I was reluctant to play a recording since it was still early and the sun had not come over the edge of the mountains. I also assumed that birders had probably over-played recordings.
After waiting a few minutes, a stunning male slate-throated redstart appeared in a bush no more than three feet from me. It danced around the bush with wing flutters, head down and frequently fanning its tail. After a few moments, the female then emerged quickly returning with an insect to the nest. The male then joined her in this tireless feeding routine.
Emboldened, I decided that my next quest was for the trogons in South Fork. Trogons seem almost “mystical” for most birders. Some of my best birding memories with friends involved looking for trogons.
The most likely spot was about three-quarters mile from the entrance to South Fork. A thick mixture of very large and old Sycamores, Pine and Oak trees cover the road and clog the flowing creek close by.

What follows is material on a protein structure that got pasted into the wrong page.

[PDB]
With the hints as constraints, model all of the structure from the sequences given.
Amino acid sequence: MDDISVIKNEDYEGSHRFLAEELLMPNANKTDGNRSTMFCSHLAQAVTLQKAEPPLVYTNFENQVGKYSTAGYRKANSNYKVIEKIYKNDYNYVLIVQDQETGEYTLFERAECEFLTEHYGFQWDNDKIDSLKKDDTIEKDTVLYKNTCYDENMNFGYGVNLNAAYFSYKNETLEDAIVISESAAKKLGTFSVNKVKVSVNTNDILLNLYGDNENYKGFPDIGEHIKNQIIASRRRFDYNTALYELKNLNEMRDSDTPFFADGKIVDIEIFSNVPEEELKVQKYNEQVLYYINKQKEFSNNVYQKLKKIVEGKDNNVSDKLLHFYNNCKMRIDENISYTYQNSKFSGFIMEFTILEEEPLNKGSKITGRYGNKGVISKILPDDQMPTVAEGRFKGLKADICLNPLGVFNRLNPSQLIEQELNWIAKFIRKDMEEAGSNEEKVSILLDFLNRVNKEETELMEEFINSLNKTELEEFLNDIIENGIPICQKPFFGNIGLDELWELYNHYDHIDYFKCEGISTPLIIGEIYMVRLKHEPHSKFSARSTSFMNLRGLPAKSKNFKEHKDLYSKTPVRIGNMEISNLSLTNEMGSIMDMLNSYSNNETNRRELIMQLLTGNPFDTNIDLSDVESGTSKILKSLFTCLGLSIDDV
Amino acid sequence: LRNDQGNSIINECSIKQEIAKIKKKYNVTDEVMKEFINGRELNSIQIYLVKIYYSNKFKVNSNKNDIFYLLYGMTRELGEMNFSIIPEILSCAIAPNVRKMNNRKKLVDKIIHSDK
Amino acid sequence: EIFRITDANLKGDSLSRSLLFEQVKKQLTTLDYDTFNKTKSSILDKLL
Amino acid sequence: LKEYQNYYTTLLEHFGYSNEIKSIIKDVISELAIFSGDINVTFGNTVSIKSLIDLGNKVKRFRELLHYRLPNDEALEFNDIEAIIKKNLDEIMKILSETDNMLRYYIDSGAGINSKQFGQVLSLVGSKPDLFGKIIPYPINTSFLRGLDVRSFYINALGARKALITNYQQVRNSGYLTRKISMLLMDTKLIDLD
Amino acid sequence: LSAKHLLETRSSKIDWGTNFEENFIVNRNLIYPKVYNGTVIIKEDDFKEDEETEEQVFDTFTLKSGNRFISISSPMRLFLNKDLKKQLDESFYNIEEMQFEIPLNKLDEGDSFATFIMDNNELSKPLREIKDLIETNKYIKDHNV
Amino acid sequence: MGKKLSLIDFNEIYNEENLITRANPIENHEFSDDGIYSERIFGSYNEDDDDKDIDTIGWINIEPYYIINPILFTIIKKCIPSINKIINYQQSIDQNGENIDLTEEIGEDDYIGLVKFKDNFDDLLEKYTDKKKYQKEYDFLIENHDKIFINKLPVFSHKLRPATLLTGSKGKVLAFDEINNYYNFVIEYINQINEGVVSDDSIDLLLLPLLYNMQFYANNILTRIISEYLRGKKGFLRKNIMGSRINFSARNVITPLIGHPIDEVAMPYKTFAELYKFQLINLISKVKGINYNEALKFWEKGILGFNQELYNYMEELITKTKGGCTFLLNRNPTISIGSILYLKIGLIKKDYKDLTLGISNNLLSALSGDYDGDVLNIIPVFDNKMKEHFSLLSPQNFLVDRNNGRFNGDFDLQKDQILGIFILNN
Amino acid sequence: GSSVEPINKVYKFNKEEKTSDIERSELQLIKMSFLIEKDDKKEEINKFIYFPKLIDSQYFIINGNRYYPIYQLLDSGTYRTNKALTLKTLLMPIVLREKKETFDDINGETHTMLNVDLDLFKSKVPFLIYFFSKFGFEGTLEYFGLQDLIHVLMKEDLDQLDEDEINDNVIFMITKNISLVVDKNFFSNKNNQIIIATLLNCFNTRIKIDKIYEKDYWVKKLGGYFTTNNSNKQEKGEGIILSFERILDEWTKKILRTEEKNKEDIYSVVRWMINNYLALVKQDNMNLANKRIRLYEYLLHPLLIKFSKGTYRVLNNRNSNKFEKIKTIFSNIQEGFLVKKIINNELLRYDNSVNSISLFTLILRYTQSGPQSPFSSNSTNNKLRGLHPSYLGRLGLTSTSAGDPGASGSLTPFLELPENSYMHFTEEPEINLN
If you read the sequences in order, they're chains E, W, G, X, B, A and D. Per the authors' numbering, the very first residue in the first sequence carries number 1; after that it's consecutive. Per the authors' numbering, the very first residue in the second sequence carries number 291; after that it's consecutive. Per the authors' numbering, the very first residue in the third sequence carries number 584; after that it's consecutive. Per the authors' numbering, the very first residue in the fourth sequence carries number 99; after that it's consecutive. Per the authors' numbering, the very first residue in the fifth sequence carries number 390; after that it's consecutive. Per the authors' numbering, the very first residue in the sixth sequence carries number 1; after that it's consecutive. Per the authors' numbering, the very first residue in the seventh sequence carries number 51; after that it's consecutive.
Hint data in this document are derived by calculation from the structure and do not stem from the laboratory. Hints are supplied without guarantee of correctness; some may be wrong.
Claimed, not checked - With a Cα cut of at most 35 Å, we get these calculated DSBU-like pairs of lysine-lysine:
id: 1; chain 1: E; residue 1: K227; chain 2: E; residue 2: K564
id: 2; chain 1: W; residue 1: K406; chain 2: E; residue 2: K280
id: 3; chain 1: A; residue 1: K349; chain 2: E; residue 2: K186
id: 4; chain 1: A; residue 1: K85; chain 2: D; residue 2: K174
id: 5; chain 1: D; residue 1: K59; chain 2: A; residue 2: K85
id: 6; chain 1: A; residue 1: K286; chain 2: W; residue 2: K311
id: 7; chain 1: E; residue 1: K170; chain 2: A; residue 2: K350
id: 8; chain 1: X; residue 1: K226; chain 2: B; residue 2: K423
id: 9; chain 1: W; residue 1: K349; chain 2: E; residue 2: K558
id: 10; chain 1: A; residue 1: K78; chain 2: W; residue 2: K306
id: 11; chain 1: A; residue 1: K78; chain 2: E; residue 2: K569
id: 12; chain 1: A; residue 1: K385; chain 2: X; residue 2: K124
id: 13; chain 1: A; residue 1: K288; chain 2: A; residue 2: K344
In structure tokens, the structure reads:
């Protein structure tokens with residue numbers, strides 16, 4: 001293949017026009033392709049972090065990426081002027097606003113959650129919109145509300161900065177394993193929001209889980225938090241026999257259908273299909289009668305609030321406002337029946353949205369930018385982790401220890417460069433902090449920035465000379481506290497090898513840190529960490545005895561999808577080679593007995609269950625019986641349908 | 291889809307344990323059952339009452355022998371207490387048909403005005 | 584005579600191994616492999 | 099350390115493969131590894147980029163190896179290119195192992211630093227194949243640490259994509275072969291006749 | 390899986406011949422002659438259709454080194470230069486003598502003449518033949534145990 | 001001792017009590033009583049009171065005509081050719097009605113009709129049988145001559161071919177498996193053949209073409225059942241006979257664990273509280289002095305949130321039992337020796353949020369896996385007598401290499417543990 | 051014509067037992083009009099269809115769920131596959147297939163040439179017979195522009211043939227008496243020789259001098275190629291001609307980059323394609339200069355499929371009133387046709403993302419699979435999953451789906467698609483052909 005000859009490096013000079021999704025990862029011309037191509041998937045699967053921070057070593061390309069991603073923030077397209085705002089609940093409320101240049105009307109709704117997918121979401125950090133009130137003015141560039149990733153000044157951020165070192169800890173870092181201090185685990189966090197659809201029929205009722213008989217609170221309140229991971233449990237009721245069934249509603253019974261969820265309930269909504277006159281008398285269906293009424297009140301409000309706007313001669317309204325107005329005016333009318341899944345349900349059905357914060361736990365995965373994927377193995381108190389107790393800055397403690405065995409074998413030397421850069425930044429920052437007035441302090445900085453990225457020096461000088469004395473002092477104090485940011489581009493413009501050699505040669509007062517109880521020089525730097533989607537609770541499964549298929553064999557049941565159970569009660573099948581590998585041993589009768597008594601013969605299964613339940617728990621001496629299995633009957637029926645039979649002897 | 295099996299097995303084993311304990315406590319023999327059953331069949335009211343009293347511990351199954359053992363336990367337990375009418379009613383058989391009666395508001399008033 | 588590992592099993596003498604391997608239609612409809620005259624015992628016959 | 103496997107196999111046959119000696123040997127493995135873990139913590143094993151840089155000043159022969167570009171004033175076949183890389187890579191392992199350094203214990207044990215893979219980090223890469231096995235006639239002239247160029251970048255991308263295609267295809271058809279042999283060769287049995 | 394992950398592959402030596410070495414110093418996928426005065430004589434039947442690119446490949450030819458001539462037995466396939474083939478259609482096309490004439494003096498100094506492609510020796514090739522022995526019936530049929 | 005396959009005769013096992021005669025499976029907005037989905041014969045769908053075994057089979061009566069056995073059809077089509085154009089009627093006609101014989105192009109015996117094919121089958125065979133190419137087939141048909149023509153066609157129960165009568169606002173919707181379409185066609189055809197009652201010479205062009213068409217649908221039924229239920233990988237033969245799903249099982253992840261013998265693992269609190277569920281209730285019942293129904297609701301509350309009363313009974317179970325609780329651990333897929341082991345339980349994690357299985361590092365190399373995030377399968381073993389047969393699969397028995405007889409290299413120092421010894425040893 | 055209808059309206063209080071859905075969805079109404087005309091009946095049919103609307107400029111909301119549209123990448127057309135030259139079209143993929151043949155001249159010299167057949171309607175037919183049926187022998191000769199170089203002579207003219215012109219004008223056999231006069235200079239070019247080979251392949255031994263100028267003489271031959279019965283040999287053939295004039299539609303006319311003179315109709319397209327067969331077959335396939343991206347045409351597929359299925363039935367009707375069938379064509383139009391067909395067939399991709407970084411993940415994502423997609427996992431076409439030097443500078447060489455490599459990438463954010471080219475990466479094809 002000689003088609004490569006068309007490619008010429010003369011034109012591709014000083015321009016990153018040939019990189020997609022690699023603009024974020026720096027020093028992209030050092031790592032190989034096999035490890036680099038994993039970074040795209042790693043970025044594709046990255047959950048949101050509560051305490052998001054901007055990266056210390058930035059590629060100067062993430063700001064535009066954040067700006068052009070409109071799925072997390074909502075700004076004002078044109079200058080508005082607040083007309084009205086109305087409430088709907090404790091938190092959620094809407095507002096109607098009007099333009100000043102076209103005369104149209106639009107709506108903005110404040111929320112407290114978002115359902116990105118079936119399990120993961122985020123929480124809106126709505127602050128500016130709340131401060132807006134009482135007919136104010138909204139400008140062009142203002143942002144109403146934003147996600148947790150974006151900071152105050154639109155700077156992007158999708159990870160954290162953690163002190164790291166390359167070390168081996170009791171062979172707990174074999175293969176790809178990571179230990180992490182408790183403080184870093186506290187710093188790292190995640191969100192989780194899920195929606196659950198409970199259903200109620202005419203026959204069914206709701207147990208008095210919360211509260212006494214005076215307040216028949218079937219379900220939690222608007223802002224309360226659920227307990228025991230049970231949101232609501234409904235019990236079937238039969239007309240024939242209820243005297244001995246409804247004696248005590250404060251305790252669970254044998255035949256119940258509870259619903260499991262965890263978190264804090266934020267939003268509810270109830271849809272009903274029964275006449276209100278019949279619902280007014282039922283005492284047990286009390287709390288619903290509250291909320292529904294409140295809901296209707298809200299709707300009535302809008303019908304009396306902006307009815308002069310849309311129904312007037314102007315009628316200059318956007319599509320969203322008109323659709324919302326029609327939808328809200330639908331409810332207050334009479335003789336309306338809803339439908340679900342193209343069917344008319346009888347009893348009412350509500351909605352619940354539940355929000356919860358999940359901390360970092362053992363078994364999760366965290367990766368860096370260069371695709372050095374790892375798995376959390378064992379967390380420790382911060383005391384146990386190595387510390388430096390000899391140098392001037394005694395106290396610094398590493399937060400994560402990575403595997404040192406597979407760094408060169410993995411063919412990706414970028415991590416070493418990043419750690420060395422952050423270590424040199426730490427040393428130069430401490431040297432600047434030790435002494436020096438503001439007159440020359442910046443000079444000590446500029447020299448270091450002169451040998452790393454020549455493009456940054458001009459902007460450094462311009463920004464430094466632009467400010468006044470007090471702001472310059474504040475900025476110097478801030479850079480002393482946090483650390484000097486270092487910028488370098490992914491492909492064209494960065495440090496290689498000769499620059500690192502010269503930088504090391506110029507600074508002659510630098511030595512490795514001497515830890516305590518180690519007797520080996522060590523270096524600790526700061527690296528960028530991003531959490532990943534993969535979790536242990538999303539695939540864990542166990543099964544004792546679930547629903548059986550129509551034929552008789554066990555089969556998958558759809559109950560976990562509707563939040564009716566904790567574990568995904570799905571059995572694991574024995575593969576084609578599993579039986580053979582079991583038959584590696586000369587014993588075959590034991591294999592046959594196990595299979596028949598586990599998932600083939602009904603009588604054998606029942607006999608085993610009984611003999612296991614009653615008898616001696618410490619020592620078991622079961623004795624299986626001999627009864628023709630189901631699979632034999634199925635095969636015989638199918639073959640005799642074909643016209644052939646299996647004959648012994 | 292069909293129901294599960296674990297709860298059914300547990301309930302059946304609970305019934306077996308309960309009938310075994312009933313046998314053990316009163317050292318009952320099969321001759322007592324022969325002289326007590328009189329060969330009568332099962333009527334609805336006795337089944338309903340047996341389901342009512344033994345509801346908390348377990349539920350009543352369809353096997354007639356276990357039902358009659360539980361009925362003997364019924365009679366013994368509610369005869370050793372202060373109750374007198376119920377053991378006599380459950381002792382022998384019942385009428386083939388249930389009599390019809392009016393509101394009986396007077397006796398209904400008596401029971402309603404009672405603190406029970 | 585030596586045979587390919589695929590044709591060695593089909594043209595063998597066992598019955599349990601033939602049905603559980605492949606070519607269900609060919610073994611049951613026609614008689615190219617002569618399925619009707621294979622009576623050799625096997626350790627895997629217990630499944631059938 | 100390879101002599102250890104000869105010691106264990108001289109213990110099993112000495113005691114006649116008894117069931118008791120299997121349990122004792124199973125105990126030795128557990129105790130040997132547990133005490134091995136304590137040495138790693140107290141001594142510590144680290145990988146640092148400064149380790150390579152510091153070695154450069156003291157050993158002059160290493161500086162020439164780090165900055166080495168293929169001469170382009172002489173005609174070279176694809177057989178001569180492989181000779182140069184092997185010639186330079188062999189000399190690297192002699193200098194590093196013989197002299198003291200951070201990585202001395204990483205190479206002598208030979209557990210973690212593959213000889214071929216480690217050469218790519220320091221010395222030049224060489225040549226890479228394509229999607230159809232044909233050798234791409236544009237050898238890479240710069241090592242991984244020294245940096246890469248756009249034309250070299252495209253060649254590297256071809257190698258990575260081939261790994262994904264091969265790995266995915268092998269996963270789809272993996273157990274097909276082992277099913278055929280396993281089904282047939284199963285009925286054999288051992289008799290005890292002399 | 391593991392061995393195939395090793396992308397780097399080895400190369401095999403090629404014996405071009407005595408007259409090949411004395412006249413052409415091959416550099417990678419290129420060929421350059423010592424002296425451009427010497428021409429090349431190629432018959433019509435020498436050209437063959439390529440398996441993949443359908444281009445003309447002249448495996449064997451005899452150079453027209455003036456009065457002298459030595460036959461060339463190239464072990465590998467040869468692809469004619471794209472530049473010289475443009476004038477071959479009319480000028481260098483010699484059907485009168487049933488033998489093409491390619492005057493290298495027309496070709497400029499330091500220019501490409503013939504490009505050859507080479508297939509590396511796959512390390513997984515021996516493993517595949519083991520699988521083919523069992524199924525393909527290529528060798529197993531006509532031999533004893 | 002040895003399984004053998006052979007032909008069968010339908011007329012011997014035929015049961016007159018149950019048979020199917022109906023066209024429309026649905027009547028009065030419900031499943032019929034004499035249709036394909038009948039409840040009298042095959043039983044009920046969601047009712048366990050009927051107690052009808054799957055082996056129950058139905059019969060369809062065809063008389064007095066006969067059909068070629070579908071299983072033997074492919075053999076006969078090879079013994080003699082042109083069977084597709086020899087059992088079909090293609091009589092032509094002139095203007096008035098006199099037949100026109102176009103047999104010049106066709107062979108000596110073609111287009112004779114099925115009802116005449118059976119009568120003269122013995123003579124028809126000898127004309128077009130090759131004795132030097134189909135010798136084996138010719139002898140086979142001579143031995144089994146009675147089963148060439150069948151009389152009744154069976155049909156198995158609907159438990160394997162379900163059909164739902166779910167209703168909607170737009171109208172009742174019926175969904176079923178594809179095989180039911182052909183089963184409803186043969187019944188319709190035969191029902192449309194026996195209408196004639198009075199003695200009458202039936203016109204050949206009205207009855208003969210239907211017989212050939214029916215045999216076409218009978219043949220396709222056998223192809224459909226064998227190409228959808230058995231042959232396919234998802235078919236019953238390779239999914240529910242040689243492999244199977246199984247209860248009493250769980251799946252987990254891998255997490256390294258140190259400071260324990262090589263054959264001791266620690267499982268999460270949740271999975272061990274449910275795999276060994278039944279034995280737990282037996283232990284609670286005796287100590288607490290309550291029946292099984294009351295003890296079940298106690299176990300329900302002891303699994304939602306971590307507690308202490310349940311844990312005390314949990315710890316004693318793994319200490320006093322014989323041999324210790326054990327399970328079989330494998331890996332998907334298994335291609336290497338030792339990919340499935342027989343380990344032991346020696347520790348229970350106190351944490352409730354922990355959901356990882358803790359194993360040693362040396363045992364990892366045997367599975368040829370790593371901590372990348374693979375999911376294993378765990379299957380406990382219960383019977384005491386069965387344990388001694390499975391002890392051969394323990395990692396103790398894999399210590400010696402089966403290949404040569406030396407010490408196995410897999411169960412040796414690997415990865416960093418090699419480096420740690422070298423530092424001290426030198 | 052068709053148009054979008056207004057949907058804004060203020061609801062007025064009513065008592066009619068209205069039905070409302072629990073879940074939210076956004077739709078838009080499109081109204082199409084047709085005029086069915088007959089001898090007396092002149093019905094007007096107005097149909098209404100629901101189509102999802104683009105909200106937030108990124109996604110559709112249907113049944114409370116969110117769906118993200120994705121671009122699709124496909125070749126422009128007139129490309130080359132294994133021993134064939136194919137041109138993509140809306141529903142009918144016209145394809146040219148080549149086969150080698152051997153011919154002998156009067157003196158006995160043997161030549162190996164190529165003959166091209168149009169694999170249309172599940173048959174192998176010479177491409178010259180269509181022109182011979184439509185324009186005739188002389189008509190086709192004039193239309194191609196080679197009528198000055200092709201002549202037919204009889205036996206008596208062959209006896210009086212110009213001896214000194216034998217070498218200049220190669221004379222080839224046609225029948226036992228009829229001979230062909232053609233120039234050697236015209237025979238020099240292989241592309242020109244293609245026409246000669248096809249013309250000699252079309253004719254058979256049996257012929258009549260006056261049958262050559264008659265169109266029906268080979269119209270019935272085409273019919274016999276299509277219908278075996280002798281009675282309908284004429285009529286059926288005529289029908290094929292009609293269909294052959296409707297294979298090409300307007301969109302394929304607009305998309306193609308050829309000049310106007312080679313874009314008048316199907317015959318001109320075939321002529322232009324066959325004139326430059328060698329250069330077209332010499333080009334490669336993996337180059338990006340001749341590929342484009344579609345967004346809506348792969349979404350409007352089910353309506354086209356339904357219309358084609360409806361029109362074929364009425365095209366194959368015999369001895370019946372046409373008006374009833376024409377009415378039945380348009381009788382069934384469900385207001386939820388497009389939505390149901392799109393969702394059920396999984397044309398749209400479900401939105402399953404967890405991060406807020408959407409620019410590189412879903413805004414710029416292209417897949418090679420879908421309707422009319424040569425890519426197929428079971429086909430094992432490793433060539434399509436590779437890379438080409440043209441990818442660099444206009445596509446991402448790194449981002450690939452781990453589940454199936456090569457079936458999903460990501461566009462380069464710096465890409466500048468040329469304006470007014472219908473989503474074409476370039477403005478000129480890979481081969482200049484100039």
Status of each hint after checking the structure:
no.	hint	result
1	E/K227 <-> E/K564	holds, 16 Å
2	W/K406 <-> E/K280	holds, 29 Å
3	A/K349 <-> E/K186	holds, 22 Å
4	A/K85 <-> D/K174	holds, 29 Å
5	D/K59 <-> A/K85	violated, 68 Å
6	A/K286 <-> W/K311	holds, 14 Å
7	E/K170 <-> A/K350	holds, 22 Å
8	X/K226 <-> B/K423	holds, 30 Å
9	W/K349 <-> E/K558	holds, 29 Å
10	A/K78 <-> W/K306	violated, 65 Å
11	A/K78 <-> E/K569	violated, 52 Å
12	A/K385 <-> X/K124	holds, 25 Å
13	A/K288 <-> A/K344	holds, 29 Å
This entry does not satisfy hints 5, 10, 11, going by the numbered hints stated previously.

The South Fork area is restricted from using recordings, so one must actively look for the trogons and hope to hear their calls. Having examined every hole and tree limb that looked like a bird along this quarter mile stretch, I decided to “Wait for a Trogon”. After about forty-five minutes, I heard the unmistakable squawking down creek. I jumped up and almost ran down the road toward the calls only to see a shadow streak over my shoulder, headed back up the creek. OK, I was a little overzealous and careless.
I walked to the other end of this stretch and heard a trogon calling off in the distance. Fearful my presence would drive the trogon further upstream and hoping it preferred its previous location, I decided, once again, to “Wait for a Trogon”.
After a few minutes, the calls seemed to be getting closer. I was perched on the railing of a small bridge. The call was now coming from a large Sycamore … right in front of me!
I methodically scanned the tree. You would think that the trogon’s spectacular colors would make it easy to see but instead probably helps camouflage the bird. At this point, I was wishing for the “birding eyes” of a former birding companion who had the uncanny ability to find this bird on previous quests.